Wild River Review Invites Submissions to “Fake Memoir” Contest

April 16, 2006

WRR 2006

April 18, 2006
Media Contact: Kim Nagy
Phone: 609-439-8667

Wild River Review invites submissions to annual “Fake Memoir” Contest

Winner will receive consultation with top literary agent

April 18, 2006 (Philadelphia, PA). Wild River Review kicked off its first annual “Fake Memoir” contest today. As memoirs are enjoying increasing popularity, the new online publication challenges contestants to show off their literary skills in this genre— with a little twist. Writers must embellish upon a true event.

From first-person accounts of surviving in the Himalayas without shoes, to surviving life as a celebrity with the inevitable stint in drug rehab, to the pitfalls of being born at all, Wild River Review is looking for someone who has a good story to tell (or who knows how to tell a good story!)

Sample Wild River Review hints for would-be fake memoirists:

  • Did you have a loving and encouraging mother as a child? If so, make her a narcissist in your story—or a stripper who worked nights while you did algebra in your bedroom.
  • When you told your father you wanted to be a rock harpist, did he throw his arms around you with pride? Nice, but not very interesting. Couldn’t you make him a chronic klepto or a cross-dresser?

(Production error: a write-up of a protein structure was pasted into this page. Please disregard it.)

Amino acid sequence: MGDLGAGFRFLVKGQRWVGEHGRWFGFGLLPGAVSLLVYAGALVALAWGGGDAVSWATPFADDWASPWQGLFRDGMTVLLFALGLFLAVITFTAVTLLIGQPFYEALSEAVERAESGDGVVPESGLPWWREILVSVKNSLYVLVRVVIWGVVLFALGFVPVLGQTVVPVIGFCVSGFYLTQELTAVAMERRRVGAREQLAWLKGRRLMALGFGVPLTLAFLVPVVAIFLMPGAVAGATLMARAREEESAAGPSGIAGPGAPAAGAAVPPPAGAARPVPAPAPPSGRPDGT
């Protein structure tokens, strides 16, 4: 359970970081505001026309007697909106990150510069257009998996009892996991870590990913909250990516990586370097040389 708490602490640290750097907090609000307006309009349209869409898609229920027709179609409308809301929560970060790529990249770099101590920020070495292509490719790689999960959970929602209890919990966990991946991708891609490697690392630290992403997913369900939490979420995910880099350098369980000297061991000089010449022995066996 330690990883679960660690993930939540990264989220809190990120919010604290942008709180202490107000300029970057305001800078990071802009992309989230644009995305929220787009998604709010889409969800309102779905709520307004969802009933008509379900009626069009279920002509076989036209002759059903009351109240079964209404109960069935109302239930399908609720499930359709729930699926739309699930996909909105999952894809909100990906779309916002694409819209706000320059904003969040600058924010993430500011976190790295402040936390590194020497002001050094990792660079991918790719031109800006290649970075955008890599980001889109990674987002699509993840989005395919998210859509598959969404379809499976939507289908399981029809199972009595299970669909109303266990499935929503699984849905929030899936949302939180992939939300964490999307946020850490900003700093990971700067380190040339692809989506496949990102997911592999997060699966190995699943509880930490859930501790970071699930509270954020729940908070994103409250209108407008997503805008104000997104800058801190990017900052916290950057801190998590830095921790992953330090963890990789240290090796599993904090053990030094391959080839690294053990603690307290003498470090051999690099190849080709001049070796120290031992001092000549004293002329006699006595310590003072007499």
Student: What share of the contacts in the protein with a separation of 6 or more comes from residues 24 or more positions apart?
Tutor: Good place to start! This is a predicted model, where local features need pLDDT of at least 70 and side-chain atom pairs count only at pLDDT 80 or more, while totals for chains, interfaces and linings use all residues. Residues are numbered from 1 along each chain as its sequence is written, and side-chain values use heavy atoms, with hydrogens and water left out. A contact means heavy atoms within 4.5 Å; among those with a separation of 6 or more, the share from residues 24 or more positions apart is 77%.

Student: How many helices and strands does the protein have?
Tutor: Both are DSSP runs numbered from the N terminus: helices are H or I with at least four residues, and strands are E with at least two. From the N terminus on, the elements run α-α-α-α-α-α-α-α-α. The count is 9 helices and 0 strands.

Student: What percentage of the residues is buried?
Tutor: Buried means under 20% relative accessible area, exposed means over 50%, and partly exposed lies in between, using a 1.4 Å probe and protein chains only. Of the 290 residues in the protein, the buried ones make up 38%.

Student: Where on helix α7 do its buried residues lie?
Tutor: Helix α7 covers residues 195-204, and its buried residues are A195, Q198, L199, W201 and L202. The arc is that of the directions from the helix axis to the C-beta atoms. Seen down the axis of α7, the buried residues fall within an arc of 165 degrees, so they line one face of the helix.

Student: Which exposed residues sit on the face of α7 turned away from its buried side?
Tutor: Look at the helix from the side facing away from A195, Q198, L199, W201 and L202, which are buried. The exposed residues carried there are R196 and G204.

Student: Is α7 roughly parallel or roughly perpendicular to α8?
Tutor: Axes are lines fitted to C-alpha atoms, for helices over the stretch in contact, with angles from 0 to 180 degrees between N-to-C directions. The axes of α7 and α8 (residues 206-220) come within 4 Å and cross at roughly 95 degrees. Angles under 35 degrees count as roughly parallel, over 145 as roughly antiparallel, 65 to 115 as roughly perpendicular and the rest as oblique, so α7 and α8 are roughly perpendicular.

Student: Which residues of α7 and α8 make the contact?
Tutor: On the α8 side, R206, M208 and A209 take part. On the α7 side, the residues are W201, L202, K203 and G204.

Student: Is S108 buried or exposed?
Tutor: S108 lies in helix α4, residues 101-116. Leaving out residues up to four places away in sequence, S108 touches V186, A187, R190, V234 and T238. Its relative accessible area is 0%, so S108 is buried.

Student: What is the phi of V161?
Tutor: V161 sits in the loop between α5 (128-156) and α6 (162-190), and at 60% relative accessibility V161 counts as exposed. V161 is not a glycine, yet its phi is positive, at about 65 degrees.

The deadline for the contest is August 1, 2006. But, first there are some ground rules:

  • The event must have actually happened. Then, contestants can fabricate to their hearts’ content—or not. We’ll never know because truth, after all, is stranger than fiction.
  • Adhere to the 2000-word limit
  • Contestants can send up to two entries.
  • Contestants should follow submission guidelines at: wnt2006-contests_fakememoir.html

Entries will be judged on writing quality, originality, storytelling, and your ability to connect to readers. The winner will get a free consultation with a literary agent/editor to discuss his/her latest work and future as a writer, or a criminal, or both.


“Memoirs pose interesting challenges for writers,” says Wild River Review Executive Editor, Joy E. Stocke.  “In fiction we must choose what to leave in and what to take out, how to reign in our imaginations to create a compelling story. In the best memoirs, such as Mary Karr’s Liar’s Club, those limitations are honored and the work becomes art. My hope is that the winning entry fools the judges because it’s true.”


Wild River Review maintains a quarterly theme but updates content throughout each month. The publication continually searches for, and offers, high-quality inventive voices, experimental themes, diverse subjects, and riveting images from around the world. It is the creation of a team of professional writers and artists who form the eclectic coterie known as the Wild River Gang.